You are a project manager and you must prioritize strengthening relationships with stakeholders. Every supplier, investor and employee involved in the project has a stake in its success and, on a larger scale the company as a whole.
Simon Simek, author of The Business of Success, argues that longevity is a key indicator of a company’s success. This refers to how the business adapts, strategizes and plays the “infinite games” and is not about winning or losing. It is the ability to chart a path for long-term, sustainable growth.
You must be intentional about building relationships with both internal and external stakeholders to ensure the success of your current and future projects.
This guide provides five tips to help you build and maintain these relationships year after year.
Let’s get specific: How to start and sustain stakeholder relationships
1. Don’t underestimate the importance of your stakeholders
Some stakeholders will be more involved in your project than others. The way you communicate with investors or suppliers will be different from employees or company executives.
Because each relationship is unique, this is why. The questions and requests of an investor tend to be focused on big-picture progress, while those of an employee tend to focus more on day-today operations.
While relationships with investors and financiers are important, you must ensure that you don’t prioritize these stakeholders at the expense your employees. It is important to instill value and recognize the contributions of your team.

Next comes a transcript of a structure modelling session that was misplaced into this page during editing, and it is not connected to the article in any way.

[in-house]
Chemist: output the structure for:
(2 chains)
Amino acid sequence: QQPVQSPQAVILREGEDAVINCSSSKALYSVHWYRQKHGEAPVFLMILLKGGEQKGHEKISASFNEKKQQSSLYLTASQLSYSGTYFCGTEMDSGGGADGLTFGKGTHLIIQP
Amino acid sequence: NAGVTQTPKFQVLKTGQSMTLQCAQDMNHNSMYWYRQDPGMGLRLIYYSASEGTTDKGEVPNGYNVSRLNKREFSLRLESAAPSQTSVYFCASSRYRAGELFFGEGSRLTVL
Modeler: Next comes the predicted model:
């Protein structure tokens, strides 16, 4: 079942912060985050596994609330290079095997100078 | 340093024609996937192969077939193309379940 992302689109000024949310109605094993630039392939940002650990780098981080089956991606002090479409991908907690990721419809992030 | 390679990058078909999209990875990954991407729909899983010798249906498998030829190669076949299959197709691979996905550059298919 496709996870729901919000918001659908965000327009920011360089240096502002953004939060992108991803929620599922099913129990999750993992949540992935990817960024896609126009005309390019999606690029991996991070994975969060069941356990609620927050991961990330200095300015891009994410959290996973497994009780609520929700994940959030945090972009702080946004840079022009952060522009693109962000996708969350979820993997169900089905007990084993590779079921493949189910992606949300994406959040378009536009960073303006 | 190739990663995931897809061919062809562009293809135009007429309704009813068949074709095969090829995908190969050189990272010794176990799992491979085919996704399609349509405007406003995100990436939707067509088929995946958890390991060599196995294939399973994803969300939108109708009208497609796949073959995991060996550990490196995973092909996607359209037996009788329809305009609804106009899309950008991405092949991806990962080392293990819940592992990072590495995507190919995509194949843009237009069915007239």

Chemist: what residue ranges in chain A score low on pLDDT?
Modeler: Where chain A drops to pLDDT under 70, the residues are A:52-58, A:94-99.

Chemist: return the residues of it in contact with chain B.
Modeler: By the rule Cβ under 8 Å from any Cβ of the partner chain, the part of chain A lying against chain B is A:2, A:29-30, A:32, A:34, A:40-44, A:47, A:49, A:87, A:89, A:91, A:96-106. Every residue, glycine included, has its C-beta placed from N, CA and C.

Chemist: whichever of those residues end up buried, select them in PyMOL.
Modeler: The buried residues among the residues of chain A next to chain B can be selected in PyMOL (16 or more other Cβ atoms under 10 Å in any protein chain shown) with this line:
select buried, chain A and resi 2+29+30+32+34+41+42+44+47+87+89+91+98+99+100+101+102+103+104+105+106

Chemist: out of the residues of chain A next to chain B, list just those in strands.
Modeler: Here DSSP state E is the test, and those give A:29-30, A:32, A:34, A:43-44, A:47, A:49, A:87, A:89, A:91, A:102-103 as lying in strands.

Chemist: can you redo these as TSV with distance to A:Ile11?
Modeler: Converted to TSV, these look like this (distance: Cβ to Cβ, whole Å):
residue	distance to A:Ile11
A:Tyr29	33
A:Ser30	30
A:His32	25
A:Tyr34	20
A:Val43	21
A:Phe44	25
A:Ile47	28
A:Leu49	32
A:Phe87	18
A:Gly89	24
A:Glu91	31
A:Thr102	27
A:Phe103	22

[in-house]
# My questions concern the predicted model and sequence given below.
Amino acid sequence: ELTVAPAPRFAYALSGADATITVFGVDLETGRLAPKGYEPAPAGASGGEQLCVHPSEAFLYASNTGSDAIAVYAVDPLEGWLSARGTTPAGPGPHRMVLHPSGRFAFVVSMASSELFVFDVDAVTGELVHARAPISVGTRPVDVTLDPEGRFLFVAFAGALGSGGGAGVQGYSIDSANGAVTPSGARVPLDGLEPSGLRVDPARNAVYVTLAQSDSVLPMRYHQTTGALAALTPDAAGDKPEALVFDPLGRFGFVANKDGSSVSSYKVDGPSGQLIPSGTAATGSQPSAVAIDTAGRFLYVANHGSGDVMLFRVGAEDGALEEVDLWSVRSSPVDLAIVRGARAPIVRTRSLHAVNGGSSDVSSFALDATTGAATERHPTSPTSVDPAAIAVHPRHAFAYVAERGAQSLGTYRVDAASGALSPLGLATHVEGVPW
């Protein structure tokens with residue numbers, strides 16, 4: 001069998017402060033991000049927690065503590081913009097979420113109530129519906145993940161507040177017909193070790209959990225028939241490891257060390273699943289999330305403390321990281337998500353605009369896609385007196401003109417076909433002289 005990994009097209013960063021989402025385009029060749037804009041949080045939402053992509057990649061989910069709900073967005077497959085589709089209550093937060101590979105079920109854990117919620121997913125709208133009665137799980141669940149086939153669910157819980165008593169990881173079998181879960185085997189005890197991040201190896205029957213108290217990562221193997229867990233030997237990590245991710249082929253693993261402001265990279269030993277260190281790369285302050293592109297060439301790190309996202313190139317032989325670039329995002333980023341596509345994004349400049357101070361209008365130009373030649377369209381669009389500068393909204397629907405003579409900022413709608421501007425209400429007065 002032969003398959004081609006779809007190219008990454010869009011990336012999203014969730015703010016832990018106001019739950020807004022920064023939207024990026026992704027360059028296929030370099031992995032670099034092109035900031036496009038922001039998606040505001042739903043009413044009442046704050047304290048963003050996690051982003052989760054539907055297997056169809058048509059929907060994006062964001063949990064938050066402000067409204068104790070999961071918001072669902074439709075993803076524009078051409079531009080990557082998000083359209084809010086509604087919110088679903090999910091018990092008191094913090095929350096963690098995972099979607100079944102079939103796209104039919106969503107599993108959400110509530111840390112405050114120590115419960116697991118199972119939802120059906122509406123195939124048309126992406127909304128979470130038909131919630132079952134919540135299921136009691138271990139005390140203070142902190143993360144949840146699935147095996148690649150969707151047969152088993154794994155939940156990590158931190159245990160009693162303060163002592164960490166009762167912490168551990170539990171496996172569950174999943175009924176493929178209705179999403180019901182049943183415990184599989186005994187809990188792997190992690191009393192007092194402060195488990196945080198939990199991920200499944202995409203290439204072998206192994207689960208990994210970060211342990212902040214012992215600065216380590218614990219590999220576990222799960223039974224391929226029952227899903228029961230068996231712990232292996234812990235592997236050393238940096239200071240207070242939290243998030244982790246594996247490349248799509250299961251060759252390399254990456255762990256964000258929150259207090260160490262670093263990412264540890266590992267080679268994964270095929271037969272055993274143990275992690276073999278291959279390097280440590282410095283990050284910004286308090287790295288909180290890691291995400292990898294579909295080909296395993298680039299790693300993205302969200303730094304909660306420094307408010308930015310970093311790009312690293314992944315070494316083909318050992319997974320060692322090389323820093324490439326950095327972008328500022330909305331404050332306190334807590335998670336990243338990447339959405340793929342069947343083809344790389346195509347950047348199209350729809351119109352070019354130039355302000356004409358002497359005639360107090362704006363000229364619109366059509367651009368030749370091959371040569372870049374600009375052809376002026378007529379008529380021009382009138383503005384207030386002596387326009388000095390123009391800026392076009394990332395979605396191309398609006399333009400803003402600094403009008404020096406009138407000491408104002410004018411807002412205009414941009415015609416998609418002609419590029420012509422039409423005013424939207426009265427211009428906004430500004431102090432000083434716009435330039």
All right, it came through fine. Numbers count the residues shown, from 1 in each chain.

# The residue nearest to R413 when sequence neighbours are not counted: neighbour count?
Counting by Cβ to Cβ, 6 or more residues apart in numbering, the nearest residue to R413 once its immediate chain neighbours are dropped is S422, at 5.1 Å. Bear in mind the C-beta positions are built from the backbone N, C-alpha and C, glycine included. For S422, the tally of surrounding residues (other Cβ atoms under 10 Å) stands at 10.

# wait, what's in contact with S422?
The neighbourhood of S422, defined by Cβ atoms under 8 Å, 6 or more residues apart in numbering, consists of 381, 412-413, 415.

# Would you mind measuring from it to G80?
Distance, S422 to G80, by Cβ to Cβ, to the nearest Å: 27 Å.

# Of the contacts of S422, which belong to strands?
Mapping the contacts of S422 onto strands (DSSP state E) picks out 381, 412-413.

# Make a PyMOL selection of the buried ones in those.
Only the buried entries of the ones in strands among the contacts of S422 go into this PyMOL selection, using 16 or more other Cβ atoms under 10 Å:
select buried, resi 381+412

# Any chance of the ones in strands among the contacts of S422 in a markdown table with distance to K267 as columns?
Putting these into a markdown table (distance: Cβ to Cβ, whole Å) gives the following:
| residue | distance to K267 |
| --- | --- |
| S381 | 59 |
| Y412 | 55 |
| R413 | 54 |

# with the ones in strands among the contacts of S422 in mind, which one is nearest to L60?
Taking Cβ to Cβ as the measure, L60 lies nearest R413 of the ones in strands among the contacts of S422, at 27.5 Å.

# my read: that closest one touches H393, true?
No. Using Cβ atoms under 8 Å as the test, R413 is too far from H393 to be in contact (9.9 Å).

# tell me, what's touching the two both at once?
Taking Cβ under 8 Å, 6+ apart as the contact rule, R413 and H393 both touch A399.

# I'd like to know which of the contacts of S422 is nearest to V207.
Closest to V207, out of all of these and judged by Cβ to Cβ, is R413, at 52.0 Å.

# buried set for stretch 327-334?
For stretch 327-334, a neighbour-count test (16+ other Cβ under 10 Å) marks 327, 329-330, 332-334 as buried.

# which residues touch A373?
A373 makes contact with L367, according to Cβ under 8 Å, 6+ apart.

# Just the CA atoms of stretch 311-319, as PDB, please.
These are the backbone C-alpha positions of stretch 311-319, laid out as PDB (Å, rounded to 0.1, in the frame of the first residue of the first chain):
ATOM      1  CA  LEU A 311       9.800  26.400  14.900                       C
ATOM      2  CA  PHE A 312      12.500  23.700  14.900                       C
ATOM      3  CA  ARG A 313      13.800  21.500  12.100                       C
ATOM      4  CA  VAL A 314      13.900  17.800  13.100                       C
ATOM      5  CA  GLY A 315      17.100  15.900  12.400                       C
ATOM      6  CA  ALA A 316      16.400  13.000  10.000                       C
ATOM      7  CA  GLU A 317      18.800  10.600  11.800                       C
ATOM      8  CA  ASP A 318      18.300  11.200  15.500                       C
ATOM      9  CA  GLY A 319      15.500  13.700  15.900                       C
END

Boosting morale leads productivity, which in turn leads to greater company success. This success attracts new investors, and confirms to existing investors that they made a good decision to invest in your project.
2. It’s not just who you know, it’s also who you get to know
Initiating a new stakeholder partnership is not about luck. It is all about positioning yourself at the right time and place.
You can make more connections by actively seeking out opportunities to network and meet potential stakeholders. Although there is no guarantee that a prospect will join your project immediately, it is possible to increase your chances of making connections if you are consistent.
Another smart strategy is to reach out to existing stakeholders and make new connections through them. Because you have already gained the trust of industry colleagues, these potential stakeholders are more likely than others to get involved.
To adapt a well-known expression, “It’s more than who you know. It’s who and what you get to know.”
3. Avoid Gray Areas and Keep Your Stakeholders In The Loop
It is not easy to manage multiple stakeholders simultaneously. It is more difficult to keep everyone informed about the progress of the project the more communication channels you have.
This can lead to a decrease in productivity if your team is unclear about what they should do. Investors may withdraw from the project if they aren’t provided with important information.
It is important to establish a system for communication early in order to avoid miscommunications and worse-case scenarios.
There are many ways to share important information, from scheduling interviews with stakeholders to sending status reports and emails to update status reports.
Communication is a priority. Your stakeholders will be more likely to invest in future projects if they are informed, supported and involved in the current project.
4. Establish a Review and Approval Process for Stakeholder Requests
We recommend that you establish a formal review process and approval process for minor or major requests.
Your stakeholders need a place to express their concerns and opinions as you move forward with a project. I